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Brahms Begins The Day
ISMN : 979-0-2325-4693-3
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I often wondered what was he working on at the time, as though the drawing was an actual photograph. This commission from the NSOI gave me the impetus to do a little research. I discovered that this had to be sometime in the late 1860’s (because of the location in Brahms’ apartment in Vienna). Presumably then, the First symphony was in the throes of its (particularly long) gestation (it took him 14 years from 1862 til 1876). Curiously, though, in the drawing by Batt there is no sign of Beethoven looking over Brahms shoulder as Grumpy Old Joe asserted was happening at the time...Maybe he couldn’t stand the smoke...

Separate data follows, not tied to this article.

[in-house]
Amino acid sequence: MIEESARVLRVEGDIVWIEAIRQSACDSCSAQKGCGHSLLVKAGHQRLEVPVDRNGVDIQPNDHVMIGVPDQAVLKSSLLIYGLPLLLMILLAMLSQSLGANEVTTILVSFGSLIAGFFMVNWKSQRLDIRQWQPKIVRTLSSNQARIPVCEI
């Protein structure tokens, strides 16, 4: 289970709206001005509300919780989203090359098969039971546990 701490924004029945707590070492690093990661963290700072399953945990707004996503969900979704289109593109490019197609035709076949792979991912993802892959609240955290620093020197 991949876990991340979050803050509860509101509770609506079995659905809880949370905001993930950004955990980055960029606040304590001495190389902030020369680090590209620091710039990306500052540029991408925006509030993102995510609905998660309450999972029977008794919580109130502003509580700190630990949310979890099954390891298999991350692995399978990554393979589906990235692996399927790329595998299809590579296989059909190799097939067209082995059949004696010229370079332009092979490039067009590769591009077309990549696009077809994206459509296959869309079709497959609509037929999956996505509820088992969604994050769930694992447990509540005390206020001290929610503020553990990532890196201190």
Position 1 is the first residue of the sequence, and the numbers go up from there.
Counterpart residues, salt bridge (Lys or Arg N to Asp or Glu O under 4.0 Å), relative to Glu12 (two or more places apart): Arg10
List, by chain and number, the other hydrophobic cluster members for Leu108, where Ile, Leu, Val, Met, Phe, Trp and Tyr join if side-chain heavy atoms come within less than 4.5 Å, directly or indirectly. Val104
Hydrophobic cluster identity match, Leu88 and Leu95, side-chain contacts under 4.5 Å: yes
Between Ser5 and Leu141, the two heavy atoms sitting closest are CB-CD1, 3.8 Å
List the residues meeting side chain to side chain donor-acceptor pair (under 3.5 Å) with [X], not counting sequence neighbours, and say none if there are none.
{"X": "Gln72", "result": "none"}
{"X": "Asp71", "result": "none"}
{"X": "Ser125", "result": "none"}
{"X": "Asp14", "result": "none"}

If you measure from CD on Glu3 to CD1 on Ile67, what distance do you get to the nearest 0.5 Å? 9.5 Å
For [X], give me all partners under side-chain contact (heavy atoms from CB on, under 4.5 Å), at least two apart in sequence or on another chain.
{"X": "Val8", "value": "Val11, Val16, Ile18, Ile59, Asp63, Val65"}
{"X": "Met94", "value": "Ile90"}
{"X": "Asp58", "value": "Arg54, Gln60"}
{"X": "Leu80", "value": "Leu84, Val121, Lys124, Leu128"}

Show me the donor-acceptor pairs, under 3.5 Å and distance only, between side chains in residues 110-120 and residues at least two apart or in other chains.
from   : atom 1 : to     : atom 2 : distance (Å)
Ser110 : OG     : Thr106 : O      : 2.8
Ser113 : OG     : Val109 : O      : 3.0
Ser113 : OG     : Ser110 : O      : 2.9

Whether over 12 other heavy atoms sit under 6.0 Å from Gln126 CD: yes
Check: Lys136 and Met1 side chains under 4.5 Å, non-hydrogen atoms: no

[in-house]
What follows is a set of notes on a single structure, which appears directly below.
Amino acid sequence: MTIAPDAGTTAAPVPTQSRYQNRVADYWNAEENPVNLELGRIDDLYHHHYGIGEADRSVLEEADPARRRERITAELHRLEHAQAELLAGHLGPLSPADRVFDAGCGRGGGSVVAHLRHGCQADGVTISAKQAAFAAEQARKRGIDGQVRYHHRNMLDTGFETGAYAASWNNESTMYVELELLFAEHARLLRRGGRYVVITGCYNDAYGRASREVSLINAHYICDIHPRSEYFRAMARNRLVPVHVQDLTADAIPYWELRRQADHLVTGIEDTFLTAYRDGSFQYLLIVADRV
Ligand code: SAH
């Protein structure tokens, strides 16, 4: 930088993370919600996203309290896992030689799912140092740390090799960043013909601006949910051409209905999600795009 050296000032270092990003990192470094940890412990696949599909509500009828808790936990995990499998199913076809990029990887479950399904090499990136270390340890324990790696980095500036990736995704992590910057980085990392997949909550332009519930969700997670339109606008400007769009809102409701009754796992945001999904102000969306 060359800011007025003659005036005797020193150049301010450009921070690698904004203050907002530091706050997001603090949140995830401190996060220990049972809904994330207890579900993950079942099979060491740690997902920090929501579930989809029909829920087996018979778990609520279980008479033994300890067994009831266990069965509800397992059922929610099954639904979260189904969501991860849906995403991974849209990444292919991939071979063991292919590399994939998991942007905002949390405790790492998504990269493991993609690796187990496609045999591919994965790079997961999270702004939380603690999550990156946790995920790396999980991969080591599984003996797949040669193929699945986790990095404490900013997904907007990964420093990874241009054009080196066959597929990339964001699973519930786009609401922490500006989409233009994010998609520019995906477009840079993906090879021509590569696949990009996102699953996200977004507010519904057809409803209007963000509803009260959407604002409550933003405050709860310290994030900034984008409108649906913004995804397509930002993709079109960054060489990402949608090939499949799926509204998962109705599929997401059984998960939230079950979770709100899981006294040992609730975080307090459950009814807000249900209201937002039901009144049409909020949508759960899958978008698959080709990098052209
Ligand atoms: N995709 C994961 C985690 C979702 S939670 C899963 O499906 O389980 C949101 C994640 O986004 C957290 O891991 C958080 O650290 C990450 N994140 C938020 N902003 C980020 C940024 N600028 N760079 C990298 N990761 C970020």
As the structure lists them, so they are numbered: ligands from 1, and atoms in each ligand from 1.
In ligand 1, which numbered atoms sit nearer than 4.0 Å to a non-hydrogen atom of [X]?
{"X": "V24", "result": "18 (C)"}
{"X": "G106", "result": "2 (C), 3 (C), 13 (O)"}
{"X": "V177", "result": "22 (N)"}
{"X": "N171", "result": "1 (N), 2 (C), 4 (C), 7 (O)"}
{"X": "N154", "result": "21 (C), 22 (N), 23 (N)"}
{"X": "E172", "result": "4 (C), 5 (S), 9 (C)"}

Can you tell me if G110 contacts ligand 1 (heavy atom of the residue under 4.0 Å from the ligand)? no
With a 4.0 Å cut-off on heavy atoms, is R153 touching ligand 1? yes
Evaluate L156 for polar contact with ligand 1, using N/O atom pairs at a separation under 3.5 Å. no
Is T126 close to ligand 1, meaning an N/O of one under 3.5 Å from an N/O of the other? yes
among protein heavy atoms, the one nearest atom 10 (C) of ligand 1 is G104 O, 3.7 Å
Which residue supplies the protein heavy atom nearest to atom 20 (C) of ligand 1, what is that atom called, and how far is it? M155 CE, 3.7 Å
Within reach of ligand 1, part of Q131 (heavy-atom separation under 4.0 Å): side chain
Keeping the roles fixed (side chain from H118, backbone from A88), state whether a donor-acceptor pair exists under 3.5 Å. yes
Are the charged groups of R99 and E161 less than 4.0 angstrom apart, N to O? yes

So here, commissioned by the RTE National Symphony Orchestra, is my homage to Brahms: a passacaglia (in honour of the great mans contribution to the genre) whose theme is built from the letters of his name ciphered onto a chromatic scale, and altered for musical effect. The time signature is in 7 in deference to Brahms’ folk-music settings, not because he did anything in 7 (he didn’t that I am aware of), but because my own tastes in folk-music lie farther East in Bulgaria (where 7 is commonplace, if not common-time) and not in Hungary, as was the case with Brahms.
Listeners with active imaginations will impart a narrative significance, I’m sure, to each variation, but there is none, (well, actually there is one...) and when the passacaglia finally dissolves, what almost emerges during the last, very long (2 minutes) variation is...?
Double bass (4)
Horn (French Horn) (4)
English Horn/ Cor Anglais (French tenor Oboe)
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